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Around the Nation
11:30 am
Thu August 16, 2012

Undocumented Youth Line Up For A Chance To Stay

Transcript

JACKI LYDEN, HOST:

This is TELL ME MORE from NPR News. I'm Jacki Lyden. Michel Martin is away. Coming up, we go to the Democratic Republic of Congo where a rebellion has displaced hundreds of thousands of people. Could it lead to a wider regional war? We'll ask.

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Africa
11:30 am
Thu August 16, 2012

Growing DRC Tensions Threaten Regional Stability

The Democratic Republic of the Congo is struggling to deal with rebels operating in the eastern part of the country. It's alleged that some rebels are being backed by the Rwandan government. Guest host Jacki Lyden speaks to Reuter's Kinshasa correspondent, Jonny Hogg, about tensions that can threaten regional stability and renew an old rivalry.

Shots - Health Blog
10:52 am
Thu August 16, 2012

Grappling With The Uncertainty Of Alzheimer's Testing

When does it make sense to test a person for the risk of an incurable illness?
Andrei Tchernov iStockphoto.com

Counselors have long cautioned about the downsides of genetic testing for Alzheimer's disease.

For one thing, the current genetic tests for late-onset Alzheimer's — the type that develops after age 60 and is responsible for more than 90 percent of cases — only indicate a probability of getting the disease. It's not definitive. And consumers' ability to buy life insurance or long-term care coverage could be jeopardized by the results.

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The Salt
10:43 am
Thu August 16, 2012

Peaches, Beautiful And Fleeting, Thanks To Fuzzy Thin Skin

Shopper reaches for donut peaches at the Penn Quarter farmers' market in Washington, D.C.
Maggie Starbard NPR

Originally published on Mon October 22, 2012 11:25 am

If lately you've noticed the farmers' market flooded with signs that say "donut," "cling," "whiteflesh" and "freestone," you won't be surprised to learn that August is National Peach Month. Though the juicy fruits pack the produce aisles now, in a few short months a good peach might be hard to find.

Many fruits, though harvested in other parts of the world, are available in the United States all year long. So why are peaches so seasonal, and in the winter, either difficult to find or hard as a rock?

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The Two-Way
10:33 am
Thu August 16, 2012

Cut Diplomatic Ties? Hide Him In A Crate? How Might Assange Standoff End?

Metropolitan Police Officers outside the main door of the Ecuadorian embassy in London. WikiLeaks founder Julian Assange is inside.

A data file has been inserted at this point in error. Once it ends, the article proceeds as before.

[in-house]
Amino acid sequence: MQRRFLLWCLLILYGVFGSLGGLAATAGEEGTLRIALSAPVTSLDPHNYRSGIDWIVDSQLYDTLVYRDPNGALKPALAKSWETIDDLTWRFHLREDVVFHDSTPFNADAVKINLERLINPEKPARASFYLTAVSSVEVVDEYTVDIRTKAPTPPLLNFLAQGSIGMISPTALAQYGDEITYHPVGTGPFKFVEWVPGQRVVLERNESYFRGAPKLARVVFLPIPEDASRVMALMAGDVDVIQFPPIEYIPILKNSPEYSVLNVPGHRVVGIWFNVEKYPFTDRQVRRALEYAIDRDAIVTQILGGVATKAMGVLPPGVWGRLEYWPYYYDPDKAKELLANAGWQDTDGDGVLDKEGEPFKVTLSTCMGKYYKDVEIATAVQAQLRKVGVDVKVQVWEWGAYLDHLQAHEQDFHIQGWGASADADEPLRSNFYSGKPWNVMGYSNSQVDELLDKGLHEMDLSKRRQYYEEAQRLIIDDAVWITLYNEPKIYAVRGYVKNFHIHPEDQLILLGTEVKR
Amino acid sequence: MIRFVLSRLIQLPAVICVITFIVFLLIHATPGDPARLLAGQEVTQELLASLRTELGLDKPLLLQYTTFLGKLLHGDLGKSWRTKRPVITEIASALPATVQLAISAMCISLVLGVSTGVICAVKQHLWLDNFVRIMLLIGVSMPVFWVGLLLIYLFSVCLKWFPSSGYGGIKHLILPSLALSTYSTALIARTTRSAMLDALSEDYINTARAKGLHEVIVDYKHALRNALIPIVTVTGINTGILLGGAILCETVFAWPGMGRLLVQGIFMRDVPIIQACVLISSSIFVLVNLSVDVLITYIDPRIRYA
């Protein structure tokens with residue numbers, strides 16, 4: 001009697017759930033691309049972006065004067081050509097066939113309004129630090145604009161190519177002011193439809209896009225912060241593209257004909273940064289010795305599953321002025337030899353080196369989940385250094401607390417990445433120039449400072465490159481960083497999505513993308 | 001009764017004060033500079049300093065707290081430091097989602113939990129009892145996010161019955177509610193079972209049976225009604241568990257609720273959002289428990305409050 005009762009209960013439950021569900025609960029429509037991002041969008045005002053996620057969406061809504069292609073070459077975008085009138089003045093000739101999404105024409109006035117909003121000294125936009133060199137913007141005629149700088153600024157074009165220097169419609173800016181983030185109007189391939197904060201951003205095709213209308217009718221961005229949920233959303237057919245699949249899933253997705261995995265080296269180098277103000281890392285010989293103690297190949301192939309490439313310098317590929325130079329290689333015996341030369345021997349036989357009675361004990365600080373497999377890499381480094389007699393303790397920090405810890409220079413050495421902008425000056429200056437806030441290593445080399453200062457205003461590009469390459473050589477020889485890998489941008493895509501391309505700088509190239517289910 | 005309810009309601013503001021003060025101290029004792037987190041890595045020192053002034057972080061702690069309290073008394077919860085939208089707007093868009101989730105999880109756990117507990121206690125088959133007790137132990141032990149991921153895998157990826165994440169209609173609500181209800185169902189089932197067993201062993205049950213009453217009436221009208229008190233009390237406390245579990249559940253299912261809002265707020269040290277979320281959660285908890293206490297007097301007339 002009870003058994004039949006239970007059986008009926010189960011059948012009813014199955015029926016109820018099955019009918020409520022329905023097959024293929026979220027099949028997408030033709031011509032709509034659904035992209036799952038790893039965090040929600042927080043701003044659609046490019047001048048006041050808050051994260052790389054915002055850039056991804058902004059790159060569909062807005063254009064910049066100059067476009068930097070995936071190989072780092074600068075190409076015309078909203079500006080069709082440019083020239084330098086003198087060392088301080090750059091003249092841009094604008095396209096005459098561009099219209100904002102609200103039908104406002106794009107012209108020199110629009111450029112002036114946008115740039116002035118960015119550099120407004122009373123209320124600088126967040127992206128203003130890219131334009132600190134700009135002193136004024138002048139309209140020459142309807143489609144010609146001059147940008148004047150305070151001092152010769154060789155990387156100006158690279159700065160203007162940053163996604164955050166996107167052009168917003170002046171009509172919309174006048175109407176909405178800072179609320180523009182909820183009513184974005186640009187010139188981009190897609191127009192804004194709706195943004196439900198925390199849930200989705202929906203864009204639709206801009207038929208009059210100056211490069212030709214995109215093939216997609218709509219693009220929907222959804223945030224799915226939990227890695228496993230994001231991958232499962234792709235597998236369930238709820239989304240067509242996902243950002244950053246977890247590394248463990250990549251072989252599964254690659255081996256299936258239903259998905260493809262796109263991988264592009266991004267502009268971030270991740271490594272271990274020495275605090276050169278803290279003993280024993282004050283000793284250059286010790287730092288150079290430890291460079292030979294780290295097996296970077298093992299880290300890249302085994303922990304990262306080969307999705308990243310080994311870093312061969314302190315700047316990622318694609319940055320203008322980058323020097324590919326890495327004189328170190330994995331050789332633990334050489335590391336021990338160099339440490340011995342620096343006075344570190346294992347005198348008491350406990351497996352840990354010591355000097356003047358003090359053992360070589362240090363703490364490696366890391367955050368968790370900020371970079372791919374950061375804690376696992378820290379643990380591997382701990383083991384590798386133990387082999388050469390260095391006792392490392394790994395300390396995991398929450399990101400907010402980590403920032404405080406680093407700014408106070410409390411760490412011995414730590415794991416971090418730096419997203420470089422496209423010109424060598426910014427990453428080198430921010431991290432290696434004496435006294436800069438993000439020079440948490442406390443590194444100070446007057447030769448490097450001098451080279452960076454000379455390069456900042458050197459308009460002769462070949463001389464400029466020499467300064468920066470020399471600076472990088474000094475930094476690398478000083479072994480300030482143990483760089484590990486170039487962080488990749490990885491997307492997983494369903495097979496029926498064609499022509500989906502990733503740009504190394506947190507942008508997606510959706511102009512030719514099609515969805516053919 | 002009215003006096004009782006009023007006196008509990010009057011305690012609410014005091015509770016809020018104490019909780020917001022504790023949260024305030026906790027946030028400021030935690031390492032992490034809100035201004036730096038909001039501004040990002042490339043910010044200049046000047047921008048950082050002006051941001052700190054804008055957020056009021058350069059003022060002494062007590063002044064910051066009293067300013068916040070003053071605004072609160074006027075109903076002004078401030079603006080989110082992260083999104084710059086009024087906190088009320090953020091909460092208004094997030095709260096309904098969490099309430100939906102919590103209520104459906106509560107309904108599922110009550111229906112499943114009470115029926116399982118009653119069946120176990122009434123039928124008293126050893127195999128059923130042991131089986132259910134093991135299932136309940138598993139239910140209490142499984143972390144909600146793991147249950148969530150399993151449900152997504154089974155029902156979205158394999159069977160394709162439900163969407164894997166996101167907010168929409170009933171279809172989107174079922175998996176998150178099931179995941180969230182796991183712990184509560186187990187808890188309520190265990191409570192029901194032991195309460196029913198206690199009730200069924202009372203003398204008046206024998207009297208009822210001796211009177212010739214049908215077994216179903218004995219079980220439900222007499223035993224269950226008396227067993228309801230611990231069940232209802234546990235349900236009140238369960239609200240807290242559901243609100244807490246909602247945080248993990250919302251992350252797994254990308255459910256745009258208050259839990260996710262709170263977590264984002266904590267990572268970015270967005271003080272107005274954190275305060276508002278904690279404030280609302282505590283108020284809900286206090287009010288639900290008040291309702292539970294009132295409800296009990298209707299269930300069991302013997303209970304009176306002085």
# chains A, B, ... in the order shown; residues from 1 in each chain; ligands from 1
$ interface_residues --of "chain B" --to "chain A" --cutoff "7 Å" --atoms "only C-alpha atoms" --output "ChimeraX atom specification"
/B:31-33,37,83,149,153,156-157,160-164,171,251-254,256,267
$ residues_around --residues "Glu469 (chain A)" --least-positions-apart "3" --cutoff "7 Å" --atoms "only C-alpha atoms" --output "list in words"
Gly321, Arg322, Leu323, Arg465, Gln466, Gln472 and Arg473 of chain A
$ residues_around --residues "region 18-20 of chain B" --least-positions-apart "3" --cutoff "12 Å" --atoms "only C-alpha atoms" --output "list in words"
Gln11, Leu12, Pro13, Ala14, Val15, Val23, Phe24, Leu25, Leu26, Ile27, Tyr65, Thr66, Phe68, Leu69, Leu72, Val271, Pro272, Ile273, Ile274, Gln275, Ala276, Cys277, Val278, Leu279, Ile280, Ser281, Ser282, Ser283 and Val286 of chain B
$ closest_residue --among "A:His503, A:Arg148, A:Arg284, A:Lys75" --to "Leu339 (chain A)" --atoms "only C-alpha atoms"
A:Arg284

Will Oliver AFP/Getty Images

Originally published on Fri August 17, 2012 12:27 pm

Now that Ecuador has said it will give WikiLeaks founder Julian Assange asylum as he seeks to avoid being extradited from Great Britain to Sweden by hiding out in Ecuador's London embassy, news outlets are looking at the complicated legal issues involved in cases such as his.

Here are some things we've found fascinating in the coverage:

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Shots - Health Blog
9:01 am
Thu August 16, 2012

Should Lack Of Exercise Be Considered A Medical Condition?

Doctors need to prescribe exercise to patients who don't get enough exercise, a Mayo Clinic expert says.
iStockphoto.com

Originally published on Thu August 16, 2012 1:46 pm

"You've got a bad case of deconditioning," the doctor says.

Actually, it would be the rare doctor who would say that to anyone. And though it might sound like something to do with hair, in fact, deconditioning is a familiar and more profound problem: the decidedly unnatural state of being physically inactive.

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The Two-Way
8:51 am
Thu August 16, 2012

Ecuador Gives WikiLeaks' Assange Asylum

WikiLeaks founder Julian Assange.
Kirsty Wigglesworth AP

Originally published on Thu August 16, 2012 10:39 am

WikiLeaks founder Julian Assange has been granted asylum by Ecuador, Foreign Minister Ricardo Patiño just announced in Quito.

Now, the question becomes whether Great Britain will allow Assange to leave Ecuador's embassy in London so that he can travel to the South American nation that is offering him refuge.

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The Two-Way
8:40 am
Thu August 16, 2012

Jobless Claims Held Steady At 366,000 Last Week

There were 366,000 first-time claims for unemployment insurance last week, up by 2,000 from the week before, the Employment and Training Administration says.

So what we said last week applies again:

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The Two-Way
8:18 am
Thu August 16, 2012

11 Killed In Afghan Helicopter Crash; At Least 3 Were U.S. Military Personnel

Originally published on Thu August 16, 2012 9:04 am

The crash of an International Security Assistance Force helicopter in southern Afghanistan today killed 11 people who were on board, according to the NATO command in Kabul.

It has posted a statement saying:

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The Two-Way
7:52 am
Thu August 16, 2012

More Carnage In Pakistan: Gunmen Execute About 20 Shiites

Pakistani Air Force personnel guard an air base northwest of Islamabad earlier today. It was attacked Thursday by militants armed with guns, rocket launchers and suicide vests.
Aamir Qureshi AFP/Getty Images

Thursday's attack on a Pakistani air base near Islamabad by heavily armed militants, which security forces were able to repel, has been followed by the news that gunmen executed about 20 Shiite Muslims today in northern Pakistan.

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